Stewards reject Haas' protest at Australian Grand Prix

MELBOURNE, Australia -- Haas' protest over the result of the Australian Grand Prix has been thrown out by the FIA's stewards, meaning the race classification is now official.

The race finished with two red flags in the last four laps -- the first of which led to a messy restart on lap 57 in which four cars were eliminated and in turn triggered the second one. However, with just one lap left to run the race finished under safety car conditions when it restarted on Lap 58.

The first red flag was caused by Haas driver Kevin Magnussen stopping on track after he clipped the barriers on the exit of Turn 2 on Lap 53. The cars returned to the pits on lap 55 and once the track was clear of debris, they were led back out to the grid by the safety car on Lap 56.

On lap 57 the race restarted but collisions between the two Alpine drivers as well as a separate one between Logan Sargeant and Nyck de Vries resulted in another red flag.

At the point the red flag came out, Haas driver Nico Hulkenberg was up to fourth place as a result of the carnage.

But when the race was restarted again on the 58th and final lap, the order of the cars was based on the grid for the previous restart, minus the cars that crashed out.

That dropped Hulkenberg back to eighth, although he finished seventh once a post-race five-second penalty was applied to Carlos Sainz.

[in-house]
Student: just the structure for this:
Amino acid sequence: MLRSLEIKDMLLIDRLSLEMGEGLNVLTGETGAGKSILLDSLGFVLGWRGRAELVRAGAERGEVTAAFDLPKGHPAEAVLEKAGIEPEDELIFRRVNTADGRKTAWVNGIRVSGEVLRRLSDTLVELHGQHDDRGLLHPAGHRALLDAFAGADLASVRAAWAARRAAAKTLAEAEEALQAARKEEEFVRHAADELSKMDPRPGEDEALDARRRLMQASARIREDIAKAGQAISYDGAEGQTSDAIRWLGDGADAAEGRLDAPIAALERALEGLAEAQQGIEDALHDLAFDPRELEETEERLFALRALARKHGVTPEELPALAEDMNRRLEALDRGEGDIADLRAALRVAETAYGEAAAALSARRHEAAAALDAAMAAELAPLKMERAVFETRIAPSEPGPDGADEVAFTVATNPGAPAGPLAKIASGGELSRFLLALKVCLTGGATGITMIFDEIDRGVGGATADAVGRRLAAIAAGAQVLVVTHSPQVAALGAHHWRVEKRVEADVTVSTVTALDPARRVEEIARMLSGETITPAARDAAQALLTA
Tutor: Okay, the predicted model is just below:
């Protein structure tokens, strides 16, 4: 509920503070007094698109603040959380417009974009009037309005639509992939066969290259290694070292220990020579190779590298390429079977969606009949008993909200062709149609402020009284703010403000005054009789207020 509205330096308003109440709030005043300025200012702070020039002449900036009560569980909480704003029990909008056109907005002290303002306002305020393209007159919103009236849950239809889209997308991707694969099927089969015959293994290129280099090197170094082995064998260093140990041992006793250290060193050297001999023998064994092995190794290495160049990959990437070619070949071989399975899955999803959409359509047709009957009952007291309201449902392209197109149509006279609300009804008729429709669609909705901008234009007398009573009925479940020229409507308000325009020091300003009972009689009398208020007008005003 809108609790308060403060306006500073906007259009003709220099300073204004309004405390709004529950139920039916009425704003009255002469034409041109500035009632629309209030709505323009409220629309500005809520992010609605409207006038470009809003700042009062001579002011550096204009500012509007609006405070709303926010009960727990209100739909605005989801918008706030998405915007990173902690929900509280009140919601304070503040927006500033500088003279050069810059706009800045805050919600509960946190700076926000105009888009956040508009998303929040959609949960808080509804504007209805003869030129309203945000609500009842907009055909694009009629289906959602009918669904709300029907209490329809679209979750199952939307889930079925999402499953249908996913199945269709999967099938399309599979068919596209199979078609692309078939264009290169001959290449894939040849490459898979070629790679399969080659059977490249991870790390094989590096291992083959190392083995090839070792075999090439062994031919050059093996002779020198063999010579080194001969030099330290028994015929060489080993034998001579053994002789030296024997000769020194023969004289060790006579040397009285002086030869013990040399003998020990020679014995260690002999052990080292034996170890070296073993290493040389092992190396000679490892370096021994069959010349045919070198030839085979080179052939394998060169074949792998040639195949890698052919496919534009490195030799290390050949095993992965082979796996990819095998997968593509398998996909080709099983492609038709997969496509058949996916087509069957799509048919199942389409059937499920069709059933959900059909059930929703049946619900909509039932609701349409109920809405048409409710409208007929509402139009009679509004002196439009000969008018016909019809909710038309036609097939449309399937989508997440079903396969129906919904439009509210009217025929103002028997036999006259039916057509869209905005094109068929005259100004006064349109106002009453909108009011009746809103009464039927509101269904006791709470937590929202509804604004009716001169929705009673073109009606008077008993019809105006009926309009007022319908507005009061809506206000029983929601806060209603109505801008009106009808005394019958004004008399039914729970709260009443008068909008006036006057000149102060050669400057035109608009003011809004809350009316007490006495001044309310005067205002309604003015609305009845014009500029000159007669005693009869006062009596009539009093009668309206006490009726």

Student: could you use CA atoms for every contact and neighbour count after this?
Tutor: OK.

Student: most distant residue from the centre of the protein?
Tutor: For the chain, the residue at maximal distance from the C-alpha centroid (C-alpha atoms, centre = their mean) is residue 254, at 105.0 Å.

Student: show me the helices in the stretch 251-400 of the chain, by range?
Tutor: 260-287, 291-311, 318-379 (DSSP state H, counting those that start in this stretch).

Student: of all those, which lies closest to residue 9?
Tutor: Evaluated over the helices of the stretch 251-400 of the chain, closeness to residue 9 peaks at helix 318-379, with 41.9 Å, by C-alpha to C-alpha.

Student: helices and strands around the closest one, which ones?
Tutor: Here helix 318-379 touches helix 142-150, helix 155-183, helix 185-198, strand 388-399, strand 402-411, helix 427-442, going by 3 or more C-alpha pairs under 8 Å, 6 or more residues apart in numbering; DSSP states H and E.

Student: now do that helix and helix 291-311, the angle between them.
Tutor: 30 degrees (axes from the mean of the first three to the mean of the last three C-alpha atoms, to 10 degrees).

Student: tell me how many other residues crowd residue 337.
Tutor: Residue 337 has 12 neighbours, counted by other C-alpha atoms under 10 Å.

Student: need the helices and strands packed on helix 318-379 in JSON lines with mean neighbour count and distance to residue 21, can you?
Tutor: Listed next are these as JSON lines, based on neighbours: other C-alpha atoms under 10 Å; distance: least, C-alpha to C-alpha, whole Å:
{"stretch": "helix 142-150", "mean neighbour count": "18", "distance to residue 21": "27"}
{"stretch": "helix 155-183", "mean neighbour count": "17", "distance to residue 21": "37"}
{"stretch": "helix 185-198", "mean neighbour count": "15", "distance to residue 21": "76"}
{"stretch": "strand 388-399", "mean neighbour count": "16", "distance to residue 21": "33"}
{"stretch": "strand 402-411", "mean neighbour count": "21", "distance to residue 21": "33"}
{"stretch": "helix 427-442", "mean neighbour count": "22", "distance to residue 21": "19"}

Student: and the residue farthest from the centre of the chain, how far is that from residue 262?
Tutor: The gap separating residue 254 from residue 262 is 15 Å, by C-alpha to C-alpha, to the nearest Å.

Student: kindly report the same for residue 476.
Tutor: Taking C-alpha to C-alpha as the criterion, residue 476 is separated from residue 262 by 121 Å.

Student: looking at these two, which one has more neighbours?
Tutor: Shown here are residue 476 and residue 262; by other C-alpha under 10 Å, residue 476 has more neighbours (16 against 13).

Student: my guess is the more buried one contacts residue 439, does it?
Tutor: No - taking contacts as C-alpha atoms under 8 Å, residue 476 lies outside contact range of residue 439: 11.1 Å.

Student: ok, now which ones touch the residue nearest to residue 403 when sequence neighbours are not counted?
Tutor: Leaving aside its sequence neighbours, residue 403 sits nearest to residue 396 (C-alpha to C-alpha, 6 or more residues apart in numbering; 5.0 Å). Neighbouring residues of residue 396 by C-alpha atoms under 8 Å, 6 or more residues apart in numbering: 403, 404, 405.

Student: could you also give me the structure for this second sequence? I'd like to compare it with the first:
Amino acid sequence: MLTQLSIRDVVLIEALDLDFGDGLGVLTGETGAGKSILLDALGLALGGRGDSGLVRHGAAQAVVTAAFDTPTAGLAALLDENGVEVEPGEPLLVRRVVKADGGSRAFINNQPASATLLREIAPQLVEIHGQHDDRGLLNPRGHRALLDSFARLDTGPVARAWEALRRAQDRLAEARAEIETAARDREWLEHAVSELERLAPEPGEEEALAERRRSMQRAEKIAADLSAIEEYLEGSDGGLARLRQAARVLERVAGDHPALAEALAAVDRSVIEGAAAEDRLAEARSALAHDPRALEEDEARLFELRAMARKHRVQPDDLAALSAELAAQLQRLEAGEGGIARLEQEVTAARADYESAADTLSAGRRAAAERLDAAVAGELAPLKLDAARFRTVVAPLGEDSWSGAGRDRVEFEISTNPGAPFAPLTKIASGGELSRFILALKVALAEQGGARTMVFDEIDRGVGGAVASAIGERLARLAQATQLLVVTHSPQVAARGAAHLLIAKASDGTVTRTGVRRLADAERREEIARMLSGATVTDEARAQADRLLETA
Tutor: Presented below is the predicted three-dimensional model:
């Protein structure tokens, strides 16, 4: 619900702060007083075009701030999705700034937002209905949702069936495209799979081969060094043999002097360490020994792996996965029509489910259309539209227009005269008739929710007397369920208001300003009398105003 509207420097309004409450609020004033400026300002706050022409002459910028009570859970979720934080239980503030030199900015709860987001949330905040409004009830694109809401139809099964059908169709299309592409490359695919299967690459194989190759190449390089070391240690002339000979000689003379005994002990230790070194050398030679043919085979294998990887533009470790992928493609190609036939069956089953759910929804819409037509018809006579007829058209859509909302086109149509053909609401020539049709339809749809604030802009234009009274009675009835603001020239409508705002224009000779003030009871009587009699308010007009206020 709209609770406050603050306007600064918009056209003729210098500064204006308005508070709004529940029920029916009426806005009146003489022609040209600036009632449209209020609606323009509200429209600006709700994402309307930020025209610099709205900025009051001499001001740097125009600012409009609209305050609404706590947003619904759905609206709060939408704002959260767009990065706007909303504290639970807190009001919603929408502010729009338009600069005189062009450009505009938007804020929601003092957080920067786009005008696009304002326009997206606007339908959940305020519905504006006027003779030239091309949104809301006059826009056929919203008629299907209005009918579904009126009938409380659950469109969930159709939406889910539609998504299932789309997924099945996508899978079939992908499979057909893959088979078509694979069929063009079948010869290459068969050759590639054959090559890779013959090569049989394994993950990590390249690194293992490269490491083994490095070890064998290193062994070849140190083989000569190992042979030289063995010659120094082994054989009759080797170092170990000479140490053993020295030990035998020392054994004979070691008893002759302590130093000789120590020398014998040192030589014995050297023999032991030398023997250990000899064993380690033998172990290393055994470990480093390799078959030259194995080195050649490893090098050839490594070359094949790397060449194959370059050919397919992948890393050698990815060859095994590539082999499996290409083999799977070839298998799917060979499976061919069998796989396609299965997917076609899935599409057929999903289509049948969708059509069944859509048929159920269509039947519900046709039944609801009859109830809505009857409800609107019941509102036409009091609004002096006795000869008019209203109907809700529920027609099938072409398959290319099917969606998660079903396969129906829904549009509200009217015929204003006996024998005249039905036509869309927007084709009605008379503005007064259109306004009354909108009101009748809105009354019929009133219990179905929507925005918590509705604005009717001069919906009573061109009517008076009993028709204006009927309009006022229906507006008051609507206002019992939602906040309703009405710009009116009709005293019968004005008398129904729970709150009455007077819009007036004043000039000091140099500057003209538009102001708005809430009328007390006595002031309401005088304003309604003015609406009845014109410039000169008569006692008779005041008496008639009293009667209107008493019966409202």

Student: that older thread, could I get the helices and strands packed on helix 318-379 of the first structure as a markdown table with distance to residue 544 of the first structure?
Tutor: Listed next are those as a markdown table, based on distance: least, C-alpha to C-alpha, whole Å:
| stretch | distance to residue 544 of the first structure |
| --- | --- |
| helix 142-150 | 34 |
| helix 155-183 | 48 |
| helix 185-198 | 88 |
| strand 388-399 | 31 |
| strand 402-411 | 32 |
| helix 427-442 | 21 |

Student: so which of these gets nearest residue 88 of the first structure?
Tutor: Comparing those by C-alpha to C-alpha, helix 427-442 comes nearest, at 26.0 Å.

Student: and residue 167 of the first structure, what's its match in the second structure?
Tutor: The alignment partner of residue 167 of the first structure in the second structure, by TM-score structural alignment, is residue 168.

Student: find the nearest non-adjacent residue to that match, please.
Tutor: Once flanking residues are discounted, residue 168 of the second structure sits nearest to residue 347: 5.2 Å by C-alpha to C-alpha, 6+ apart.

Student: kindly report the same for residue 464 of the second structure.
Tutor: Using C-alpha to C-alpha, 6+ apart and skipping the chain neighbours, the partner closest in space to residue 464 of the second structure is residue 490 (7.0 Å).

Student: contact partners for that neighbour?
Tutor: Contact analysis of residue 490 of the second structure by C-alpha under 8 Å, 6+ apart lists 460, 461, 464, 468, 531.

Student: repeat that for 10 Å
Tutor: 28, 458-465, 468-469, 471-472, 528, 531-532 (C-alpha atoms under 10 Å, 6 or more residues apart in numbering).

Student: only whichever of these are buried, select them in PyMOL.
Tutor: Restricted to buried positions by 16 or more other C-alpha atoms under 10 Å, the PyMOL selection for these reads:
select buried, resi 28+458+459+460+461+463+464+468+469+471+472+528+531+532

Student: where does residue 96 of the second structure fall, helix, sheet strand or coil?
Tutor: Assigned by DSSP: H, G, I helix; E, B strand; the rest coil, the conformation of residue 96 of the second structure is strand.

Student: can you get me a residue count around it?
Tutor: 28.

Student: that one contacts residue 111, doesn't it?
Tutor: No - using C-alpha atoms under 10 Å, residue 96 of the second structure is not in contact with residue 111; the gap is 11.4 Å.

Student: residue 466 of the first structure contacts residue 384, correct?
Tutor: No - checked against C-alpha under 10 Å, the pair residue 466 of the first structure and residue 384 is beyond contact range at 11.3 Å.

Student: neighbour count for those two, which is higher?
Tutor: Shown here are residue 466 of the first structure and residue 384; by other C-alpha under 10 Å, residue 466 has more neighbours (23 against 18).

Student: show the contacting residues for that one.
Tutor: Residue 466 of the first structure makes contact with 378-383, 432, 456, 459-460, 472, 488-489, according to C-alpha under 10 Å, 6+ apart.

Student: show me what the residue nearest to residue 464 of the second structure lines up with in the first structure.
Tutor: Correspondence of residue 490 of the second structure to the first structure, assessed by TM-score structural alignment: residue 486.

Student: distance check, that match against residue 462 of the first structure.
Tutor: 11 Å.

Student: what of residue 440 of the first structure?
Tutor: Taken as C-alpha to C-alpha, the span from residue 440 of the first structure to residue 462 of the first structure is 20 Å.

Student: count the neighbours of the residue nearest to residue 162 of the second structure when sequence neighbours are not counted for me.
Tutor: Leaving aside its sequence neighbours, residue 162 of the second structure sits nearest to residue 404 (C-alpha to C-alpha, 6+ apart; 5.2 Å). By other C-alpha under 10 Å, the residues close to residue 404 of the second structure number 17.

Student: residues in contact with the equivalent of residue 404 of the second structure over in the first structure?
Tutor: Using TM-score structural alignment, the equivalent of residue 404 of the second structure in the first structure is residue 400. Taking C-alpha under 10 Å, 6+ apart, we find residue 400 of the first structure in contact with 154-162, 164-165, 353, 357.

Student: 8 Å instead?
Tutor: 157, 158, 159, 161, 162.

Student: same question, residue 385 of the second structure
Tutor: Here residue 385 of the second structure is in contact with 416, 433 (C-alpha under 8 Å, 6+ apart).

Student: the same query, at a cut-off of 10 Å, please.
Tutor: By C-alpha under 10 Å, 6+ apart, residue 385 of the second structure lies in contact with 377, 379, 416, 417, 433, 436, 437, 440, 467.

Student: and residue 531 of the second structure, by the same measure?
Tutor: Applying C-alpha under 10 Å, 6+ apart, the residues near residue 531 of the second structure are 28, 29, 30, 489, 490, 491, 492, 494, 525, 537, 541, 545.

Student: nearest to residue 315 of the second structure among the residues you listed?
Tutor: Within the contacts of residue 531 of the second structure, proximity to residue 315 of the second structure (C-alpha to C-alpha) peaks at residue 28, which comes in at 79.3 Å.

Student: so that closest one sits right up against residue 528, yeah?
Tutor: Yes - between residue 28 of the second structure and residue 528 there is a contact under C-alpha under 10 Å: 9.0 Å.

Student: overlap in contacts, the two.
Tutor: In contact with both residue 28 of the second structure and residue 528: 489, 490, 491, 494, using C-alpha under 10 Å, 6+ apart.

Haas argued that instead of deciding the grid based on the starting order from Lap 57, it should have been based on the order of the cars as they crossed safety car line two, which crosses the track at the pit exit, meaning Hulkenberg would have been one place higher.

However, the stewards denied the protest in a hearing late on Sunday night.

"Race Control determined that the last point at which it was possible to the determine the position of all cars was when the last grid was formed," the stewards' said in a statement. "We summoned the Race Director to provide further clarification and he said that in the time available for the continuation of the race, the most reliable point was the last grid, given the data available to him at the time; the relative positions of the cars and the incidents on the track.

"Haas suggested that the relative positions of the cars could be established as at the SC2 line instead. They suggested that if that line was used then the starting grid position of their car would have been different.

"They acknowledged that the GPS data that showed the relative positions of the cars was unreliable for the purpose of establishing the order of cars.

"They contended that instead of the last grid, that the timing data ought to have been used to establish the order of the cars.

"Having considered all the arguments made, we made the following determination.

"Art. 57.3 [of the sporting regulations required that a restart grid order be organized in accordance with order at the: "last point at which it was possible to determine the position of all cars"

"This determination needed to be done in the context of a timed race event and therefore the decision of Race Control and the Race Director needed to be made promptly; with the exercise of appropriate discretion and by using the most appropriate information available to them at the time.

"In the circumstances, based on what we heard from the FIA representatives and from Haas, we considered that this was in fact done appropriately by the Race Director in this instance and therefore dismiss the protest."